Leptin, which plays a key role in regulating energy homeostasis, may also modulate the inflammatory response. An inflammatory challenge with endotoxin has been shown to stimulate leptin release in the rodent. This finding has not been reproduced in humans or in nonhuman primates, although leptin levels have been reported to increase in septic patients. We have therefore examined the effects of endotoxin injection on plasma leptin levels in nine ovariectomized monkeys and four postmenopausal women. In an initial study in five monkeys, mean leptin levels did not increase during the first 5 h after endotoxin treatment, but did increase significantly from 6...
March 2003: Journal of Clinical Endocrinology and Metabolism
P Ramirez, R Chavez, M Majado, V Munitiz, A Muñoz, Q Hernandez, C G Palenciano, G Pino-Chavez, M Loba, A Minguela, J Yelamos, M R Gago, A S Vizcaino, H Asensi, M G Cayuela, B Segura, F Marin, A Rubio, T Fuente, R Robles, F S Bueno, T Sansano, F Acosta, J M Rodriguez, F Navarro, J Cabezuelo, E Cozzi, D J White, R Y Calne, P Parrilla
BACKGROUND: It is not known whether the pig liver is capable of functioning efficiently when transplanted into a primate, neither is there experience in transplanting a liver from a transgenic pigs expressing the human complement regulator human complement regulator decay accelerating factor (h-DAF) into a baboon. The objective of this study was to determine whether the porcine liver would support the metabolic functions of non-human primates and to establish the effect of hDAF expression in the prevention of hyperacute rejection of porcine livers transplanted into primates...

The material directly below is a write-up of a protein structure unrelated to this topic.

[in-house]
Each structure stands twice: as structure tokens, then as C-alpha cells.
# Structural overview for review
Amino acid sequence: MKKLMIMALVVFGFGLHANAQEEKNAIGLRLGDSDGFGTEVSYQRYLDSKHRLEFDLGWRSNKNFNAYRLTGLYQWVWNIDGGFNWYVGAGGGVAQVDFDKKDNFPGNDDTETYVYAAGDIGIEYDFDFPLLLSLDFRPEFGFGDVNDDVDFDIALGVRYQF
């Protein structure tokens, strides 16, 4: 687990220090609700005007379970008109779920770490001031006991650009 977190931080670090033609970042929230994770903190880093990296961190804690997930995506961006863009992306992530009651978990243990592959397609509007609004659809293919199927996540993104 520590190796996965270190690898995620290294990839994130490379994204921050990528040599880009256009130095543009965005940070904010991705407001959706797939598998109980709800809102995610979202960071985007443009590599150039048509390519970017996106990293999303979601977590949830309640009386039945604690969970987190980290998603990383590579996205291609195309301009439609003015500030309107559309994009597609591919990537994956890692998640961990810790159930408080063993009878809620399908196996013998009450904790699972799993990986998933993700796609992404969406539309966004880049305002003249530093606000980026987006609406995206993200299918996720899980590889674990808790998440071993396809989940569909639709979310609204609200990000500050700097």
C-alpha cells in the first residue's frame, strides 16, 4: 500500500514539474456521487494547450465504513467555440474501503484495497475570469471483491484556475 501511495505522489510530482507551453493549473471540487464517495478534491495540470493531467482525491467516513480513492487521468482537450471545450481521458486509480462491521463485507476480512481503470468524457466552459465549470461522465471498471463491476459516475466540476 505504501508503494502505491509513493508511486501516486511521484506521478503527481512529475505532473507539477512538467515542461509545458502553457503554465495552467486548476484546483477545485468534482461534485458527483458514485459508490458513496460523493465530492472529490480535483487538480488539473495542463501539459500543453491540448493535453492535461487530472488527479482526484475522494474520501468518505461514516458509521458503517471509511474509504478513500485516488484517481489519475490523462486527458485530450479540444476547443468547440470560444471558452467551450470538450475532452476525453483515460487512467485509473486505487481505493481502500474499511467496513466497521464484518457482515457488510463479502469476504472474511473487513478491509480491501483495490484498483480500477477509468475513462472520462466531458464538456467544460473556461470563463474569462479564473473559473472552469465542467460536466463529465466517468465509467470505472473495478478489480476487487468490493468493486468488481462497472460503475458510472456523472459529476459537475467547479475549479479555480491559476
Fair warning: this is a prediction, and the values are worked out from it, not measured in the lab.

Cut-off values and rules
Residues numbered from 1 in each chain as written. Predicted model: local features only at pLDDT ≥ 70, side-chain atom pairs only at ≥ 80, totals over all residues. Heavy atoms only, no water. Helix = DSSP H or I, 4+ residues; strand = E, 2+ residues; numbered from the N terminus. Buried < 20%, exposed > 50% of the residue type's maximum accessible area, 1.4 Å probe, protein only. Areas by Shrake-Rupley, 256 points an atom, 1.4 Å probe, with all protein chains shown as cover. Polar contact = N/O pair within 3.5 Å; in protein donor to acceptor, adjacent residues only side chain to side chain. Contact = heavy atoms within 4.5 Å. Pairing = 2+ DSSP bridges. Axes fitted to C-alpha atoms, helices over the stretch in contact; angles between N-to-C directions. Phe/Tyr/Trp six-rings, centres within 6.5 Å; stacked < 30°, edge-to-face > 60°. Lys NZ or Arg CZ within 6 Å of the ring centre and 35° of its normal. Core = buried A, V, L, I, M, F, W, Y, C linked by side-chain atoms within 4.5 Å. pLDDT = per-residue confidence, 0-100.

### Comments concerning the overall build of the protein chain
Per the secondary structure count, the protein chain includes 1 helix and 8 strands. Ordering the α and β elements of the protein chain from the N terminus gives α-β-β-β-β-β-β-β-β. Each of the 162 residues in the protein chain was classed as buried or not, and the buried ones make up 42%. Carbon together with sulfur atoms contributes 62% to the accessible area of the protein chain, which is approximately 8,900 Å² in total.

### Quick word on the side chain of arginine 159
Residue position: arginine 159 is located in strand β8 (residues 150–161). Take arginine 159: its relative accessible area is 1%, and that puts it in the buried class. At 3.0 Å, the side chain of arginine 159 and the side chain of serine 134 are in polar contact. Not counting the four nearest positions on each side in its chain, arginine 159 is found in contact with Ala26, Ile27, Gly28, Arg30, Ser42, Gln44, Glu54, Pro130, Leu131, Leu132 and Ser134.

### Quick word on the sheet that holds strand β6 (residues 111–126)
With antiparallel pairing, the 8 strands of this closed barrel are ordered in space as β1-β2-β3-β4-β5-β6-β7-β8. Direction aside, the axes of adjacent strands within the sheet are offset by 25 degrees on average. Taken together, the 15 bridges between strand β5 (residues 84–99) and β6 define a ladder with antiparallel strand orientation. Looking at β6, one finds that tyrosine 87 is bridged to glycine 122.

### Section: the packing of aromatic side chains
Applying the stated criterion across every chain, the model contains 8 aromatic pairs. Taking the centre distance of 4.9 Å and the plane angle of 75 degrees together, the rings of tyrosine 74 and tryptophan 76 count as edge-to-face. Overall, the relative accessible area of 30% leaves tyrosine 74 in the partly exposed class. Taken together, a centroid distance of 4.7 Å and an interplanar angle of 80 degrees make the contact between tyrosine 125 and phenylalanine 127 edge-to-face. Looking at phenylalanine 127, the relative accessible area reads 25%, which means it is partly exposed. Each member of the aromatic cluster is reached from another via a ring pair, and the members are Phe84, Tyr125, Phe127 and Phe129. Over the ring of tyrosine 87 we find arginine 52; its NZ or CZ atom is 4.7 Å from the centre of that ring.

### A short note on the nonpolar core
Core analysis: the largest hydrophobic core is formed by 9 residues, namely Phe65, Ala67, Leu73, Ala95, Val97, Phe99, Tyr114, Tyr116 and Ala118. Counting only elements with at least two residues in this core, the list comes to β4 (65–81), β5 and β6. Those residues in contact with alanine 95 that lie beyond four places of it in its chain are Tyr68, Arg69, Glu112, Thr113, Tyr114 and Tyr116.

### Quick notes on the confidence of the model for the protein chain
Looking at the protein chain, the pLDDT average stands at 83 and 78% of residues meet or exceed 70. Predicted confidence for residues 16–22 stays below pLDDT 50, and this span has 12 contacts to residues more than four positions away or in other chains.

October 15, 2000: Transplantation
P M Jansen, B Eisele, I W de Jong, A Chang, U Delvos, F B Taylor, C E Hack
We evaluated the effect of C1 inhibitor (C1-inh), an inhibitor of the classical pathway of complement and the contact system, on the physiologic and inflammatory response in baboons suffering from lethal Escherichia coli sepsis. Five animals pretreated with 500 U/kg C1-inh (treatment group; n = 5), followed by a 9-h continuous infusion of 200 U/kg C1-inh subsequent to bacterial challenge, were compared with five controls receiving E. coli alone. Of the treatment group, one animal survived and another lived beyond 48 h, whereas all control animals died within 27 h...
January 1, 1998: Journal of Immunology: Official Journal of the American Association of Immunologists
D H Munn, A G Bree, A C Beall, M D Kaviani, H Sabio, R G Schaub, R K Alpaugh, L M Weiner, S J Goldman
The CD16 receptor (Fc gamma R-III) is found on many tissue macrophages (M phi s), but its expression on circulating monocytes is restricted to a small, phenotypically distinct subset. The number of these CD16+ monocytes may be markedly increased in response to sepsis, human immunodeficiency virus infection, or metastatic malignancy. We have recently shown that the CD16+ monocyte population is selectively expanded by administration of recombinant human macrophage colony-stimulating factor (rhM-CSF). In the current study, we used the highly rhM-CSF-responsive cynomolgus primate model to further characterize this novel monocyte population...